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PPH Pphe Hotel Group Limited

-5.00 (-0.38%)
14 Jun 2024 - Closed
Delayed by 15 minutes
Pphe Hotel Investors - PPH

Pphe Hotel Investors - PPH

Share Name Share Symbol Market Stock Type
Pphe Hotel Group Limited PPH London Ordinary Share
  Price Change Price Change % Share Price Last Trade
-5.00 -0.38% 1,315.00 16:35:11
Open Price Low Price High Price Close Price Previous Close
1,320.00 1,310.00 1,325.00 1,315.00 1,320.00
more quote information »
Industry Sector

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Top Posts
Posted at 29/2/2024 10:52 by rolo7
investor meets presentation at 11am
Posted at 19/7/2023 10:52 by catabrit
I wouldn’t be surprised if these are taken private via a management buyout. I think it’s quite a hard sell to public investors to invest in a listed hotel / real estate company that pays such a paltry yield. I know it shouldn’t matter but for listed real estate it does.

There’s clearly some value here and we know that seldom lasts long. Either it turns out to be a mirage; or it finally catches a bid; or it’s arbitraged away via a take private or merger.
Posted at 28/5/2019 16:36 by sharesoc
Just to let you know, PPHE Hotel Group present at our Manchester growth company seminar on the 4th June, which may be of interest to current shareholders and potential investors. More details here:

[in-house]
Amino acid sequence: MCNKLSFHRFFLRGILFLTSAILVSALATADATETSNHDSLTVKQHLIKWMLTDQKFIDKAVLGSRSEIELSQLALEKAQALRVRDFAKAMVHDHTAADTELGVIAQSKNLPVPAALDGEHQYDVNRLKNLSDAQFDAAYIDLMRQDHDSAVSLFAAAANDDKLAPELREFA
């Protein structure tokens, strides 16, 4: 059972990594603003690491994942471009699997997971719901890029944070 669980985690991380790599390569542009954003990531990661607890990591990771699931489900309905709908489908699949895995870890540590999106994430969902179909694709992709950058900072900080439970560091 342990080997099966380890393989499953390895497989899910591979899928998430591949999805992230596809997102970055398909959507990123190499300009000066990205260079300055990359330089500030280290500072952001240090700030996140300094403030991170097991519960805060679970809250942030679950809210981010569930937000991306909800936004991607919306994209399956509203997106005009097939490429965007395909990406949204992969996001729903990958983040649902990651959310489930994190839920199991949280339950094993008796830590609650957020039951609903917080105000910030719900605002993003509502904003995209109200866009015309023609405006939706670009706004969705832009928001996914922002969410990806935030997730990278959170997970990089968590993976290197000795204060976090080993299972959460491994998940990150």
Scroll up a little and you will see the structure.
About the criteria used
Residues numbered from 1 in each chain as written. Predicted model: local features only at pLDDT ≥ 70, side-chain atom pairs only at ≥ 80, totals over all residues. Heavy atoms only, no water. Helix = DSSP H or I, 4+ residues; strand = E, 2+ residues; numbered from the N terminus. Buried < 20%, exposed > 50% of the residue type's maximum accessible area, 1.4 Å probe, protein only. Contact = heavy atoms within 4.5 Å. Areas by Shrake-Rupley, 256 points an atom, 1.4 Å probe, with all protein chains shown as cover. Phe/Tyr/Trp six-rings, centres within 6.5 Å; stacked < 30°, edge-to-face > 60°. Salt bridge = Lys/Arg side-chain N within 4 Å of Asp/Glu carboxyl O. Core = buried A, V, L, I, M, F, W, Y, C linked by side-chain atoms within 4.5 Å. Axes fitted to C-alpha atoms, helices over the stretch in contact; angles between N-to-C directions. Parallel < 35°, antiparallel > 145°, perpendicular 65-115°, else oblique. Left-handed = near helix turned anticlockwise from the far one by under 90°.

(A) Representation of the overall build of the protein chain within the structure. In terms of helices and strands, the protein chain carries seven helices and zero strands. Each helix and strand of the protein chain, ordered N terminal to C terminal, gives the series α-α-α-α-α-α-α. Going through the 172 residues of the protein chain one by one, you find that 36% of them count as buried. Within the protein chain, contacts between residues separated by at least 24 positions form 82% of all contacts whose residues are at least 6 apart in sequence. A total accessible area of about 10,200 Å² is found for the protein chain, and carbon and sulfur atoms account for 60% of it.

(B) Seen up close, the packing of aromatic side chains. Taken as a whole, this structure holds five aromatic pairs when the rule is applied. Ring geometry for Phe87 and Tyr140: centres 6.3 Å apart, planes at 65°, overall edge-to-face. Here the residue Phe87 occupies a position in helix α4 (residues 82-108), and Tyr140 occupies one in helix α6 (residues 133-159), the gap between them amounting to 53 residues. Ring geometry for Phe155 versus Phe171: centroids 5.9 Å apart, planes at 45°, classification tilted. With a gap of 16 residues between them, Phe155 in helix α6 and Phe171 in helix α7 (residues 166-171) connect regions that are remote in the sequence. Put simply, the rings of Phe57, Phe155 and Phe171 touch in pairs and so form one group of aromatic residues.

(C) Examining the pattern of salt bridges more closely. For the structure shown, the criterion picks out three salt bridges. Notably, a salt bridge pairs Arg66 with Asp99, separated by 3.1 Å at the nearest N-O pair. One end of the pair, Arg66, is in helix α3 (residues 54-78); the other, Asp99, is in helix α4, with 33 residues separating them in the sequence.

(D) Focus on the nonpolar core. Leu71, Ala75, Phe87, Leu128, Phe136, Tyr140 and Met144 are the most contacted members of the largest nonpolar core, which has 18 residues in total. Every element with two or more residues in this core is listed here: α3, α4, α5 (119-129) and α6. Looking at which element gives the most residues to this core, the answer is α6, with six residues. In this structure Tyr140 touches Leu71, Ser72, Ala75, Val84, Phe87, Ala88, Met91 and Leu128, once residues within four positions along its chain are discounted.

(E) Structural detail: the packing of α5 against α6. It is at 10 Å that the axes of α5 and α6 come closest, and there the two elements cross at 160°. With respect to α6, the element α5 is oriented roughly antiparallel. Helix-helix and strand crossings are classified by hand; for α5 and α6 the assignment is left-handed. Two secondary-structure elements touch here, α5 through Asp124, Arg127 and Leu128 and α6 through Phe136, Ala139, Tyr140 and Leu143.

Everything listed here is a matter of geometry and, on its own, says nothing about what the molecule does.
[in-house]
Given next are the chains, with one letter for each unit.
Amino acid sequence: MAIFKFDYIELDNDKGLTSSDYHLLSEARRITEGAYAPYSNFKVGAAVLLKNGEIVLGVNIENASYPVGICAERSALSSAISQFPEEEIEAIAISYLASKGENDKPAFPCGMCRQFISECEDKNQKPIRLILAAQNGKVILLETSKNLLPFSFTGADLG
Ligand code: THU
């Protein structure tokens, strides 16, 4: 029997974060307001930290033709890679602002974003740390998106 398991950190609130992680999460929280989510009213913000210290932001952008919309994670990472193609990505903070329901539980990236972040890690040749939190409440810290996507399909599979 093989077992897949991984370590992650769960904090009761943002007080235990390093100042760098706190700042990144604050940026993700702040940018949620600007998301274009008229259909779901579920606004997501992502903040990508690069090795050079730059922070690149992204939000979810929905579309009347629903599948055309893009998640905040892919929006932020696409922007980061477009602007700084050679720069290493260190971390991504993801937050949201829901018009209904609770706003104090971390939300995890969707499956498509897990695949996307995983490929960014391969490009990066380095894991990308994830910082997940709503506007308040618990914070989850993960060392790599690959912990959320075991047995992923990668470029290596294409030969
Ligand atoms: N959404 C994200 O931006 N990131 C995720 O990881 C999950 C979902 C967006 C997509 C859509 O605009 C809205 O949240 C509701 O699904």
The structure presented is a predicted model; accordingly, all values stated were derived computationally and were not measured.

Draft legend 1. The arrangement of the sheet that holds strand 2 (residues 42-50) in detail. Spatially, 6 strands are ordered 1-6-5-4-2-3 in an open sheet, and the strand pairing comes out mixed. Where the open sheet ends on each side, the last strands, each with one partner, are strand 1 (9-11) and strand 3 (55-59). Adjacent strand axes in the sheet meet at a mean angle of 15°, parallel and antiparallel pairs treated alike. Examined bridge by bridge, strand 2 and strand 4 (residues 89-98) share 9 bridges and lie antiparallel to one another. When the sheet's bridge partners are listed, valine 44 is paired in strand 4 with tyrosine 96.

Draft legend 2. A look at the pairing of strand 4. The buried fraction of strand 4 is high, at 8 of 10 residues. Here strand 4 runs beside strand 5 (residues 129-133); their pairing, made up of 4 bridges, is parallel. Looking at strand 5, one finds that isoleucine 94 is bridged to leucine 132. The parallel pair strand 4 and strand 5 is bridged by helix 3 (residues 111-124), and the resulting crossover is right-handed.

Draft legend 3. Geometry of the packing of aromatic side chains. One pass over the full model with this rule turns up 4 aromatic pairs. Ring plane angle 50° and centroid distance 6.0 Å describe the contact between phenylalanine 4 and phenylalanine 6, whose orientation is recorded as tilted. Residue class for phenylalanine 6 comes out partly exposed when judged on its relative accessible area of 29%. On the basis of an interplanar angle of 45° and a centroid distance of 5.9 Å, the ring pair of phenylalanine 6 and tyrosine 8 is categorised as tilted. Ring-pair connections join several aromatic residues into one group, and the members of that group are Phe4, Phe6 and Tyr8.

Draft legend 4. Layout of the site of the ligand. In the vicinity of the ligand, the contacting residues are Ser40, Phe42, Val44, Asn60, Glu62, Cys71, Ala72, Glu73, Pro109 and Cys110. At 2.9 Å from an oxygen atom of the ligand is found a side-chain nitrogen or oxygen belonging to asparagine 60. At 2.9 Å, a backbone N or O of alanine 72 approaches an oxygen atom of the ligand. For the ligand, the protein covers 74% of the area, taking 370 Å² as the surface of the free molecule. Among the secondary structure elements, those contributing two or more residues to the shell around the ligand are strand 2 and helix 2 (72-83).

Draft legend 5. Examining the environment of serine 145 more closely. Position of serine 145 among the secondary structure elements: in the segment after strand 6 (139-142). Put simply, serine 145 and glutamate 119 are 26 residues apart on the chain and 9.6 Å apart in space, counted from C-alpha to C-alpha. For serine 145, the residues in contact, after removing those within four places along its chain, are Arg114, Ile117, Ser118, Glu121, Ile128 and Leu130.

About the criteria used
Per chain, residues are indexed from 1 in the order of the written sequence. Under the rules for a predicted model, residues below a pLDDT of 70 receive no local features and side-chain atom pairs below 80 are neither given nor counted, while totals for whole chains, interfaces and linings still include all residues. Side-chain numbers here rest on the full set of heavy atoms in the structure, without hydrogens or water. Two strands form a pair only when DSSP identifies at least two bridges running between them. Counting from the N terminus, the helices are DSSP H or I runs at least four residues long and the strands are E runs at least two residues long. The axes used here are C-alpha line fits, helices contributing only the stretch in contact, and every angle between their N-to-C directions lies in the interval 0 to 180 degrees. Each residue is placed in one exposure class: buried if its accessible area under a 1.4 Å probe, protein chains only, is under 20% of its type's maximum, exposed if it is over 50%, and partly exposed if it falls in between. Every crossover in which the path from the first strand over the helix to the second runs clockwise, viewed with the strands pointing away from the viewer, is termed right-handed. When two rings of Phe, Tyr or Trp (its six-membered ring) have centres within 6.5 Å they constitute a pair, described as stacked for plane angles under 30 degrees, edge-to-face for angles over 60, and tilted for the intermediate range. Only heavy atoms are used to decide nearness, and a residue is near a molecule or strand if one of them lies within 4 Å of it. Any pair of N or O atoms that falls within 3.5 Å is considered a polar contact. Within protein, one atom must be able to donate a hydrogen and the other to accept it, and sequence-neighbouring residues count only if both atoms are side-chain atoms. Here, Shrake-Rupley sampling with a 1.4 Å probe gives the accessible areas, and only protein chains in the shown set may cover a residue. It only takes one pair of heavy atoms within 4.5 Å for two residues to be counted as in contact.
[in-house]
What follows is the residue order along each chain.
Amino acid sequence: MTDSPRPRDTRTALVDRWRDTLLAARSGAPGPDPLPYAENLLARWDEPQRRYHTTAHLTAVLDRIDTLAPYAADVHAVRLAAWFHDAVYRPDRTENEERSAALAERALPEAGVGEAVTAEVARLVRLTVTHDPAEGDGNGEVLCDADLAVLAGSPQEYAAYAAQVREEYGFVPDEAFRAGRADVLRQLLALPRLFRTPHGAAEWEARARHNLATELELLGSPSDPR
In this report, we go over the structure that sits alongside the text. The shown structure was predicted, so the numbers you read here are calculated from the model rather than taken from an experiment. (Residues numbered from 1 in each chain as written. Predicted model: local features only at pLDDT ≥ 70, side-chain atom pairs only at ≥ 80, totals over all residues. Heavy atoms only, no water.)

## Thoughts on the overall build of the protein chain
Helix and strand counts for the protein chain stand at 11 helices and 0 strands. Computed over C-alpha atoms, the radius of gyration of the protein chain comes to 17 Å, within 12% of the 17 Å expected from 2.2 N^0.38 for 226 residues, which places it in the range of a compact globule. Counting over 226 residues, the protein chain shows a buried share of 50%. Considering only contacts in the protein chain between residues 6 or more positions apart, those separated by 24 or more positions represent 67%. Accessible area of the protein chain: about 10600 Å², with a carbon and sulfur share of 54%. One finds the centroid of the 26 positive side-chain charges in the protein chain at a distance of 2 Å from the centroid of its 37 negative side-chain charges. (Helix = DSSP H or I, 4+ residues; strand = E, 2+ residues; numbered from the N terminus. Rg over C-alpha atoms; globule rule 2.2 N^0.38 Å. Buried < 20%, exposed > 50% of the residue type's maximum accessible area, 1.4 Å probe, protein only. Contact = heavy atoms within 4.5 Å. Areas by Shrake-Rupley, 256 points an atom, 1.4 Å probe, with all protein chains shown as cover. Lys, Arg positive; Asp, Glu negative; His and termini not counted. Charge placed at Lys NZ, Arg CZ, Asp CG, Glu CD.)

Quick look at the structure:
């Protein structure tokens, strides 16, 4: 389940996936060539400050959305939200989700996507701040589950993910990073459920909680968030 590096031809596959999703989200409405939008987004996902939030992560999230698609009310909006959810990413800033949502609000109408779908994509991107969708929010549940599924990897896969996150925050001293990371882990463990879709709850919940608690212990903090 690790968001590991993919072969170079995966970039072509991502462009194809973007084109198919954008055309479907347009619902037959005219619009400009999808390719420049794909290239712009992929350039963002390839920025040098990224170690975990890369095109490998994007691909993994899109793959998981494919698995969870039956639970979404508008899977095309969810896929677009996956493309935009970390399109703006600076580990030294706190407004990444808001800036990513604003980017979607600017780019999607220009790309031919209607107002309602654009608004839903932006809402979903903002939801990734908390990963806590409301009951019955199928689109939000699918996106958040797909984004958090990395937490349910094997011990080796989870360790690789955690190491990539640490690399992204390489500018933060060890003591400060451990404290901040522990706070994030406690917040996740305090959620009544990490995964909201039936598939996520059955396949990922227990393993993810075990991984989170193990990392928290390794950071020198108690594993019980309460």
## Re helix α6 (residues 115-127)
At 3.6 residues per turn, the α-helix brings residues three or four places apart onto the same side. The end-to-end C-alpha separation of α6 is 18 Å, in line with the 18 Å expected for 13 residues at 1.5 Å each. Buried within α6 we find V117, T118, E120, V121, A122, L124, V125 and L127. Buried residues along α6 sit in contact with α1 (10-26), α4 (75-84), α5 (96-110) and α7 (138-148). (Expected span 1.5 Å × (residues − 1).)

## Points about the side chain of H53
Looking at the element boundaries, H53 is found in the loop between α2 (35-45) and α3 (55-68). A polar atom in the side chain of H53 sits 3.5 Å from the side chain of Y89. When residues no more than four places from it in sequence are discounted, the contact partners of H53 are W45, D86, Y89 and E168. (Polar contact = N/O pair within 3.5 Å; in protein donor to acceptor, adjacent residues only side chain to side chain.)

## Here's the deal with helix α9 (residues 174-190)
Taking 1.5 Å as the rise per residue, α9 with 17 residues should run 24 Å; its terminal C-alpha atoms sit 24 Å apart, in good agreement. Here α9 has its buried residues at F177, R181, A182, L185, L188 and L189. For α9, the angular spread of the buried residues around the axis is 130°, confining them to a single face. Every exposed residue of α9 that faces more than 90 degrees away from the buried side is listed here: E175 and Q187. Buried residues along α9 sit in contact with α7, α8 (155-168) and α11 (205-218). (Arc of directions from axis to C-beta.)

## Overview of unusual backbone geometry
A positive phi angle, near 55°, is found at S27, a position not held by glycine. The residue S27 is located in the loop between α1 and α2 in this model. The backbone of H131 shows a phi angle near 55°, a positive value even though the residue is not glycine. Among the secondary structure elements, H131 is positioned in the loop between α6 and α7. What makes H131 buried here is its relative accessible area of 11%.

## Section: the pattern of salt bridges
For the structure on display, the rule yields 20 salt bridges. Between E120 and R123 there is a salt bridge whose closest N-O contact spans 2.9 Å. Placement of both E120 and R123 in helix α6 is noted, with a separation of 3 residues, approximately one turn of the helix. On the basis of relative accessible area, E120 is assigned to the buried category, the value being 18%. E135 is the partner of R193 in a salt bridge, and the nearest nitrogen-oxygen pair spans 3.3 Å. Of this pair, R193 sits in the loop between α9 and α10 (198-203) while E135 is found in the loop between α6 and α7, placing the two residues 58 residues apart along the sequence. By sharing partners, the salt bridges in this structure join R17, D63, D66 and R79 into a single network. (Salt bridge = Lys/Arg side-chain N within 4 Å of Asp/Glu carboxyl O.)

Posted at 22/5/2019 12:17 by sharesoc
PPHE Hotel Group present at our Manchester growth company seminar on the 4th June, which may be of interest to current shareholders and potential investors. More details here:
Posted at 29/6/2018 15:53 by sogoesit
Edison Upgrades today, indicative £24/share NAV:

"PPHE has accompanied news of its proposed transfer to a premium listing with a significant increase in market valuations of its properties (up c £140m since last reported). This accentuates already substantial hidden reserves, implying fair value c £24/share. Value creation apart, this should boost its ability to leverage on its assets for future projects. Even given current share price strength (up almost a third since March), PPHE’s rating reflects neither this asset backing nor excess liquidity (c £290m cash equivalents at end 2017), which highlights its reinvestment potential.